The American Public Health Association (APHA) is the world's oldest and largest association of its kind, founded more than 140 years ago and boasting over 25,000 members. The APHA has championed myriad public health causes including tobacco control, food quality and safety, breast-feeding and many others; and advocated for policies to impact conditions that affect millions, including diabetes, heart disease, and many other chronic and debilitating conditions.
Pain Leads to Policy
Musculoskeletal pain has a profound global impact. Low back pain alone is the single largest source of years lived with disability, causing 83 million disability-adjusted life years in 2010. How could an organization so dedicated to the health of populations have had such a "blind spot" with regard to such an overwhelmingly common condition and source of disability? It is possible that the "blind spot" stemmed from the APHA's birth in an era of blossoming understanding of infectious disease control. (Research presented at an early APHA conference included Walter Reed's research on control of yellow fever.)
As a personal anecdote: I am a chiropractor working on a PhD in public health / epidemiology, and when I first tried to locate a public-health-educated PhD advisor to chair my dissertation committee, I couldn't find anyone who viewed low back pain as an "epidemiology problem." Epidemiology was viewed by these individuals as pertaining to infectious disease. My fruitless search ultimately led me to find a topic related to infectious disease so I could start my dissertation.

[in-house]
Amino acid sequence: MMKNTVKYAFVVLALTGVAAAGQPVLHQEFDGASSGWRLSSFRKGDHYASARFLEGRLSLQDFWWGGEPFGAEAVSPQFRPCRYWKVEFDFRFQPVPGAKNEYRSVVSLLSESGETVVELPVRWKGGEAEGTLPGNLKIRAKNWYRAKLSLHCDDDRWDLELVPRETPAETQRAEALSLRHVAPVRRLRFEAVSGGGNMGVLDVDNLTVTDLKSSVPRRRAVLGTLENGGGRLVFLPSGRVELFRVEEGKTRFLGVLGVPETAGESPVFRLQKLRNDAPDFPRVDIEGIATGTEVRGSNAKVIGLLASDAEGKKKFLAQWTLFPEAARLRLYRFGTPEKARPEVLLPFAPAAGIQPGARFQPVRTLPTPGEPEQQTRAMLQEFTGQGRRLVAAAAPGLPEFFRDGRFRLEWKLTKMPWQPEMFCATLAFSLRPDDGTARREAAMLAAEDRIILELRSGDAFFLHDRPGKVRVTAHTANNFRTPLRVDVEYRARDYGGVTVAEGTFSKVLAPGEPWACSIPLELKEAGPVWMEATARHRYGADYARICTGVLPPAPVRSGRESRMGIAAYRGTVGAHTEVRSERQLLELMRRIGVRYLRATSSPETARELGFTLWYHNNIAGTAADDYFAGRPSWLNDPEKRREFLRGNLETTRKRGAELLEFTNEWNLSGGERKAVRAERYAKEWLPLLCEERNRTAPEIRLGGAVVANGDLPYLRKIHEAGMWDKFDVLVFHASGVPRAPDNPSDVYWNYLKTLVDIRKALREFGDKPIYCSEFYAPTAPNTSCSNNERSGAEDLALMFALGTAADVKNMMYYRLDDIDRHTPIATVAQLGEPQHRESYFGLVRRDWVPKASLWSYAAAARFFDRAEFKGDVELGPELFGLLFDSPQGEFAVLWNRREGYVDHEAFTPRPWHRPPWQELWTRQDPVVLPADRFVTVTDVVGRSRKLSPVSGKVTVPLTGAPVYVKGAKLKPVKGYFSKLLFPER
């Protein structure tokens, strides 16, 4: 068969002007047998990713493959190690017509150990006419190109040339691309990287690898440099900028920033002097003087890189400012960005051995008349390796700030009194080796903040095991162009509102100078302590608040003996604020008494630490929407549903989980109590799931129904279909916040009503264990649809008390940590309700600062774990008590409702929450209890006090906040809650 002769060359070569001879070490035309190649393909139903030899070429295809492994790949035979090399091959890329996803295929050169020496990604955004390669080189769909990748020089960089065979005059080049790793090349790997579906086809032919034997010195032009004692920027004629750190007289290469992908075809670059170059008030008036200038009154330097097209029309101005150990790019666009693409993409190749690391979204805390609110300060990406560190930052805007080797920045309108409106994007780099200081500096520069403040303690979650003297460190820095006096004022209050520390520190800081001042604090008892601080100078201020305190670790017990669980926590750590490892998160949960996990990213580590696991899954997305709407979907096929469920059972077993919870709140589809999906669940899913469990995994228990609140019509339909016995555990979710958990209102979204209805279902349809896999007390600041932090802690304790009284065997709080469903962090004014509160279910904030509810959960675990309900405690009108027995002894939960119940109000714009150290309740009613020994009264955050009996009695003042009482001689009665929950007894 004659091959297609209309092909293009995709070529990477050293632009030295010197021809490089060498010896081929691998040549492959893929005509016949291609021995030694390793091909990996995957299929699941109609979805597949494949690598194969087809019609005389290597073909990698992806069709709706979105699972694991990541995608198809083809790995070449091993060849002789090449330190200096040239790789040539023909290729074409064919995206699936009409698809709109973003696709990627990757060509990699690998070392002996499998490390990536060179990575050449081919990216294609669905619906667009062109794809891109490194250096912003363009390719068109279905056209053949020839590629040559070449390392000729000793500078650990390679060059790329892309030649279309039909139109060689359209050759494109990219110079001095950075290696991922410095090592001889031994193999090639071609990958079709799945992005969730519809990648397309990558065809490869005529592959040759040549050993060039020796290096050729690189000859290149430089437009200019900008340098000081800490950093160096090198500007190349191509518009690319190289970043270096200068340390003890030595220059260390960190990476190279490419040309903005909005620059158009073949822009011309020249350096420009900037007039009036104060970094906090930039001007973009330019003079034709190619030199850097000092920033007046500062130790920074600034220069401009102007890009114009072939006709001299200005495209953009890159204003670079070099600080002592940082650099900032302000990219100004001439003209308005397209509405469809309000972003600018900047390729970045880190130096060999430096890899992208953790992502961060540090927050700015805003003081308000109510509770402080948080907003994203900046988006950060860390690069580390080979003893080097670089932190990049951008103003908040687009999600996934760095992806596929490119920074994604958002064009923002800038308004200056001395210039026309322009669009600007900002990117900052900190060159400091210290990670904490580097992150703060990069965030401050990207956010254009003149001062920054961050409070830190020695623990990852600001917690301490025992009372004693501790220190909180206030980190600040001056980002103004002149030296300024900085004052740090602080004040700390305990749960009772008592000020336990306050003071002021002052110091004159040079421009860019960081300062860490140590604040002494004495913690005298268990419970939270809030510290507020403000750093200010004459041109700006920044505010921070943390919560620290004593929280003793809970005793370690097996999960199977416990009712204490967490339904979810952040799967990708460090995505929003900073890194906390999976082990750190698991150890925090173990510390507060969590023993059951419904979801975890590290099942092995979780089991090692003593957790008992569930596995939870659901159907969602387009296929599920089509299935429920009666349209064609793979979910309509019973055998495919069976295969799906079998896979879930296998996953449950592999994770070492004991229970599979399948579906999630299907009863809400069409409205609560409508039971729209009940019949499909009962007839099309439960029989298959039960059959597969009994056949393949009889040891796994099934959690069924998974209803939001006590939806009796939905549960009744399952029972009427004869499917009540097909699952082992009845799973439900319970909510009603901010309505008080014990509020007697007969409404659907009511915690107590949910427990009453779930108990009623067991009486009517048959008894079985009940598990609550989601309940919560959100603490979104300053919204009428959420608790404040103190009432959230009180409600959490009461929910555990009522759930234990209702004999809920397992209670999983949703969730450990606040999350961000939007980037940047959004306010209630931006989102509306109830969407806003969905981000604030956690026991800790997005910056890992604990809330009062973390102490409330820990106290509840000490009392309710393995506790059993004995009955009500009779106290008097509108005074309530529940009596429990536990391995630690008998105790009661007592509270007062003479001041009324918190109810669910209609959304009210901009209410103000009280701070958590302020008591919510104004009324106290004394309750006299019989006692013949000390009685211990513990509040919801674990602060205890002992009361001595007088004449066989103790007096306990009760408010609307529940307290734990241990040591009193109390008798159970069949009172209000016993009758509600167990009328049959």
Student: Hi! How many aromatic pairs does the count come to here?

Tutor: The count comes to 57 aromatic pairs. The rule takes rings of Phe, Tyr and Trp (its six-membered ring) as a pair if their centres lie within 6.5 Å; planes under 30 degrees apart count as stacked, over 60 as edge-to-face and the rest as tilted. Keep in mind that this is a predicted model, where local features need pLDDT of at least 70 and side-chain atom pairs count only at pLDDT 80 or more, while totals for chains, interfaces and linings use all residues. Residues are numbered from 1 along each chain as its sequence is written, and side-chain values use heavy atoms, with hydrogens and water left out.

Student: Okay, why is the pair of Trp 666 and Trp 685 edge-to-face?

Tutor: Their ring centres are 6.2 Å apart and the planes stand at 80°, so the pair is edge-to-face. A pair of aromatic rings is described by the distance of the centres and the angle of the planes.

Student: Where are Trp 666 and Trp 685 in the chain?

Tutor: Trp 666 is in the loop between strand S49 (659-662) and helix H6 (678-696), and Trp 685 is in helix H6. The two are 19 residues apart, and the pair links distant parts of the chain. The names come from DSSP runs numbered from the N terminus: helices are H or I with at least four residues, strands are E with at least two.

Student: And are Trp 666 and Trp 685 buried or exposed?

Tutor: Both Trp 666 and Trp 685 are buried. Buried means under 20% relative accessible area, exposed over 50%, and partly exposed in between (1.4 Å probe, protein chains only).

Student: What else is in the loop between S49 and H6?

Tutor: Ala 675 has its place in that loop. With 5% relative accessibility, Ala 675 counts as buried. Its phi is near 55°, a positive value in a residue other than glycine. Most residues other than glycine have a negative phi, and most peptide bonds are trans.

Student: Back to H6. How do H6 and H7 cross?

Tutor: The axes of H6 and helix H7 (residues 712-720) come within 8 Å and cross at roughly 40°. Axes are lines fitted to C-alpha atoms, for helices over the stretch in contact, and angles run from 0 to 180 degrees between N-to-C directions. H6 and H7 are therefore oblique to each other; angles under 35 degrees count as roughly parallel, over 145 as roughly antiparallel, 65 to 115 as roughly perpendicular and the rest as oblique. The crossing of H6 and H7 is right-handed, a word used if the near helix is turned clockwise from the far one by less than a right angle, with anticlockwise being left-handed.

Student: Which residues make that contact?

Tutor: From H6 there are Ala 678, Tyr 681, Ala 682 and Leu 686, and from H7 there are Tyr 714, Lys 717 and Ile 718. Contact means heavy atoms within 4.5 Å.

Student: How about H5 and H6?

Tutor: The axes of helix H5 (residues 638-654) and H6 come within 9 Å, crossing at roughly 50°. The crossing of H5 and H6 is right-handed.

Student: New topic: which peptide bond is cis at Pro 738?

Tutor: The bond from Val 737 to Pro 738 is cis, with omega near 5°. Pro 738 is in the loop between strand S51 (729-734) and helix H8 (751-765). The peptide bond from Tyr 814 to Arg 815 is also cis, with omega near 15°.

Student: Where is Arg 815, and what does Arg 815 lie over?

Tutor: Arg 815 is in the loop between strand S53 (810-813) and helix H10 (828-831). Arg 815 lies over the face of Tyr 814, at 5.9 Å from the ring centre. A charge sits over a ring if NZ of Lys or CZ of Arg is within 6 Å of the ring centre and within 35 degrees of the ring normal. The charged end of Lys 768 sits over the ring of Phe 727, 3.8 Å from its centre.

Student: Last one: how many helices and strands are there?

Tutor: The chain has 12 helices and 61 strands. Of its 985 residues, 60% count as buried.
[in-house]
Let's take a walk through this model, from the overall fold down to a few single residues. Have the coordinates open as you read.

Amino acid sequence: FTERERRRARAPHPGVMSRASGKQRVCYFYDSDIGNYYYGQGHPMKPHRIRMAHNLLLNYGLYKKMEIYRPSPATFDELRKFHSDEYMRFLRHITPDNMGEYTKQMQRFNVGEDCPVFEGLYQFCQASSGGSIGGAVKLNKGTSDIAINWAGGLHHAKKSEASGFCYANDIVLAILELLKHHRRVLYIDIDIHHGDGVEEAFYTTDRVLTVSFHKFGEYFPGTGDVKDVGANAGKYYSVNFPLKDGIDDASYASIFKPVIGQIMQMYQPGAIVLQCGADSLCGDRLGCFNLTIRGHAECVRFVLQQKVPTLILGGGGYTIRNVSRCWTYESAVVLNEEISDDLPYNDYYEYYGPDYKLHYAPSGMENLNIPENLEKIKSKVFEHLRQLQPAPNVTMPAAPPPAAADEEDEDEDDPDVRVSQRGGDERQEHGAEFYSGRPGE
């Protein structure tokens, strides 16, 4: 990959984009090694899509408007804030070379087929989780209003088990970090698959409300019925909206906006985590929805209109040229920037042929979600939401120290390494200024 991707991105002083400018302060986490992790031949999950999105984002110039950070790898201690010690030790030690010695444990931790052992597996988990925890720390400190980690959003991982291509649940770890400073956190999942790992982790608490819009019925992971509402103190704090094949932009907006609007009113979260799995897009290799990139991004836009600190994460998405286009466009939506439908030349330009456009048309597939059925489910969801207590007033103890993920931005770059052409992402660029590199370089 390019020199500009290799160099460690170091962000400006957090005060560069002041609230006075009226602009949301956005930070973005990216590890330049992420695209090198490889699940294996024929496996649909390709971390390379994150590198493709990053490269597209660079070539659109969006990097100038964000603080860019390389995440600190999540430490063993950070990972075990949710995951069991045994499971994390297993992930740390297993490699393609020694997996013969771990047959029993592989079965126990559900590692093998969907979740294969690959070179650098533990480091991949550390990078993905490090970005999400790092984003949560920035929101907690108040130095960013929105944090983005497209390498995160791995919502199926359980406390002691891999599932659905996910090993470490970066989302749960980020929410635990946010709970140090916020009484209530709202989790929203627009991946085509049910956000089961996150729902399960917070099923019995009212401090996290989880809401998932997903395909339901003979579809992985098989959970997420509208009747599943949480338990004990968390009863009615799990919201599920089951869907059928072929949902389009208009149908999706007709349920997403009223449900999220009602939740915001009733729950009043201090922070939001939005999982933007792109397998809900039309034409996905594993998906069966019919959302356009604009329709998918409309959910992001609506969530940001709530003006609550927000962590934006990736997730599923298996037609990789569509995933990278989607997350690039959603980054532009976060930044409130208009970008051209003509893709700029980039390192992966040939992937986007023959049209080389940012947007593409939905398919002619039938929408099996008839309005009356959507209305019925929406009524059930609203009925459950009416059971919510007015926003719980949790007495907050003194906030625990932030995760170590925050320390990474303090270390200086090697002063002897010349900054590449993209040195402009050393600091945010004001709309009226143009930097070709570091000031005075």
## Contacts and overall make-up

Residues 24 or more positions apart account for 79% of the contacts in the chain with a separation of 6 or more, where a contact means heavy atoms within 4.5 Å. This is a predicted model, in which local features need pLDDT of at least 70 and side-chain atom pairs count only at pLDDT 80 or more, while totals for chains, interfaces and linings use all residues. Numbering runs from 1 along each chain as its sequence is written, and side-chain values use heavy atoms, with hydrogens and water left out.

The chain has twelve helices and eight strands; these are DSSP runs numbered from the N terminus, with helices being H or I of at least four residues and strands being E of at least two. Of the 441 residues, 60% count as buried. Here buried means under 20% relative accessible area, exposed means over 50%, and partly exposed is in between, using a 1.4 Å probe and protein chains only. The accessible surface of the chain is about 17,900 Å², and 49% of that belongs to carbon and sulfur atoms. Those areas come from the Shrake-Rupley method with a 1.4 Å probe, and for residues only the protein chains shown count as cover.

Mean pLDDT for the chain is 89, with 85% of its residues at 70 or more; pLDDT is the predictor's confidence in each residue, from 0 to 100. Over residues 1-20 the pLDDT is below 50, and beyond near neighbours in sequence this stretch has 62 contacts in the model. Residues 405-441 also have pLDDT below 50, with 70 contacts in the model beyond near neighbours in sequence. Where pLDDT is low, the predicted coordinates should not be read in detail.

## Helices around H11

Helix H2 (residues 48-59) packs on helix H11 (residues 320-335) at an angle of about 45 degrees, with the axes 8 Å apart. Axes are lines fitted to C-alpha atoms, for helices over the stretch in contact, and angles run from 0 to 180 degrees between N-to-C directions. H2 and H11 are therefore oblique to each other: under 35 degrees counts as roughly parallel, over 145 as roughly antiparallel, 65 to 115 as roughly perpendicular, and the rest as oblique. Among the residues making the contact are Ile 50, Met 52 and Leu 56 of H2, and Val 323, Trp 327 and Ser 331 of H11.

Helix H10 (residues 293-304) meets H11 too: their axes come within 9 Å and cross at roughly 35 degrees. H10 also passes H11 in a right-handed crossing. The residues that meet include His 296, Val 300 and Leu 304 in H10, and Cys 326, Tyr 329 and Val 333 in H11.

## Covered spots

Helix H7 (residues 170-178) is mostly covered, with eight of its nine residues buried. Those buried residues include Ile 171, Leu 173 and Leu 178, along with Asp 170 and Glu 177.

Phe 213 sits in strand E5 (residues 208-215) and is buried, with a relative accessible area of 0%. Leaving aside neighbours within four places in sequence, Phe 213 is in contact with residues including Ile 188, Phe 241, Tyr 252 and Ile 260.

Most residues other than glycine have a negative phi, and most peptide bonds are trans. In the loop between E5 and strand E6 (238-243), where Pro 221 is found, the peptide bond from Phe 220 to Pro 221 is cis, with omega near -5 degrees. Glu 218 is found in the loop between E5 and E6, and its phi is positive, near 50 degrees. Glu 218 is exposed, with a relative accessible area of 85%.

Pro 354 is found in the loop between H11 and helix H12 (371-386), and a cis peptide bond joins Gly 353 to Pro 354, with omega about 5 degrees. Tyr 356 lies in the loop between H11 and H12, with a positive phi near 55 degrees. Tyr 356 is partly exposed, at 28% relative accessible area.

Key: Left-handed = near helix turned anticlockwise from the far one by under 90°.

Despite a foundation of infectious disease control for population health, APHA does have sections that represent interests of a variety of groups engaged in many spheres of public health, including groups interested in physical activity, aging, ethics, and even musculoskeletal health. In fact, there has been a Chiropractic Health Care APHA membership section since 1995.
The CHC section noted the musculoskeletal health policy gap in the APHA, and worked from within the organization to champion "Musculoskeletal Disorders as a Public Health Concern," now APHA policy 20114. This multi-year policy-making process, led by then Section Chair Paul Dougherty, DC, caused the APHA to officially widen its gaze to encompass the impact of conditions chiropractors and other manual therapy and health care providers witness every day: arthritis, low back pain, neck pain, osteoporosis, and many others. Chiropractors within the APHA helped influence official APHA policy for the benefit of the public's health.